Peptic ulcers are open sores that develop on the inside lining of your esophagus, stomach and the upper portion of your small intestine.
Burning Pain is the most common symptom of peptic ulcers. The pain may:
- Be felt anywhere from your navel up to your breastbone
- Flare at night or when you're stomach is empty
- Be temporarily relieved by certain foods or acid-reducing medication
- Disappear and then return for a few days or weeks
Peptic ulcers happen when the acids that help you digest food damage the walls of the stomach or duodenum. The most common cause is infection with a bacterium called Helicobacter pylori. Another common cause is the long-term use of nonsteroidal anti-inflammatory medicines (NSAIDs) such as aspirin and ibuprofen. It's a myth that spicy foods or stress cause peptic ulcers. While these factors may aggravate ulcers, most are caused by infections, certain medications or other digestive conditions.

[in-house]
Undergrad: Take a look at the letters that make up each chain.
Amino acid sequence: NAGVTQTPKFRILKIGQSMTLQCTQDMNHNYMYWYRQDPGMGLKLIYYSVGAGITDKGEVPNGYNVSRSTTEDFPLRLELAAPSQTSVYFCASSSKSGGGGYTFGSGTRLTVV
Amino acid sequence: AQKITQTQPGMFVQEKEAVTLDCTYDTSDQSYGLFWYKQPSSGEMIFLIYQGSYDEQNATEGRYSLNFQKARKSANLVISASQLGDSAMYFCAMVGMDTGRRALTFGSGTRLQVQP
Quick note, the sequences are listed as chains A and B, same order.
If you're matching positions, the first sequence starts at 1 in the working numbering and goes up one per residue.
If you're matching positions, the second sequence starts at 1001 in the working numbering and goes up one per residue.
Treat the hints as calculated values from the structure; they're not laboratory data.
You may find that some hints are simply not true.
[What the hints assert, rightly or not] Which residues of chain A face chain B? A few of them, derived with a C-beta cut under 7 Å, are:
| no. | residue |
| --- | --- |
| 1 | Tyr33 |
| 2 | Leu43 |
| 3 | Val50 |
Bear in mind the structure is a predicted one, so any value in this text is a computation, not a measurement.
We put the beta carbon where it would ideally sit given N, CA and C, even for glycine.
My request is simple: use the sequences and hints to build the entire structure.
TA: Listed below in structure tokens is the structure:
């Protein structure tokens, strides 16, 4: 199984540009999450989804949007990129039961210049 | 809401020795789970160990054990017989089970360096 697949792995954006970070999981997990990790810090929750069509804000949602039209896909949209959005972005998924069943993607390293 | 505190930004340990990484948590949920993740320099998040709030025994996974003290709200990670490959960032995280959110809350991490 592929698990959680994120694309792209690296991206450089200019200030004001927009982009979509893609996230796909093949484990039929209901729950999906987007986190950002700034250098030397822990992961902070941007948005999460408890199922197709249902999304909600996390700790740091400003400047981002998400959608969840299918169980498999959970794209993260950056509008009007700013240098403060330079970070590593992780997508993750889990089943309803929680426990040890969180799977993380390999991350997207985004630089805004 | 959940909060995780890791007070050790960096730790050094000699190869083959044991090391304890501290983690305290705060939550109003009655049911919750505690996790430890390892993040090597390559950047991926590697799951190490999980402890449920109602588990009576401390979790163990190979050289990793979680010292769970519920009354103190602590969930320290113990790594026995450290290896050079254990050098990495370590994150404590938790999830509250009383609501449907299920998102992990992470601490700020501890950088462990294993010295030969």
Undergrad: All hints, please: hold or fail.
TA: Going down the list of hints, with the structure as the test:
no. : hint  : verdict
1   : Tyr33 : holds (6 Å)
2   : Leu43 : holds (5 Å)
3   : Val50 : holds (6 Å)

To see if you have an H. pylori infection, your doctor may test your blood, breath or stool. Your provider also may recommend endoscopy to view inside your stomach/GI tract.
Peptic ulcers will get worse if not treated. Treatment may include medicines to reduce stomach acids or antibiotics to kill H. pylori. Antacids and milk can't heal peptic ulcers. Avoiding alcohol and not smoking can help. You may need surgery if your ulcers don't heal.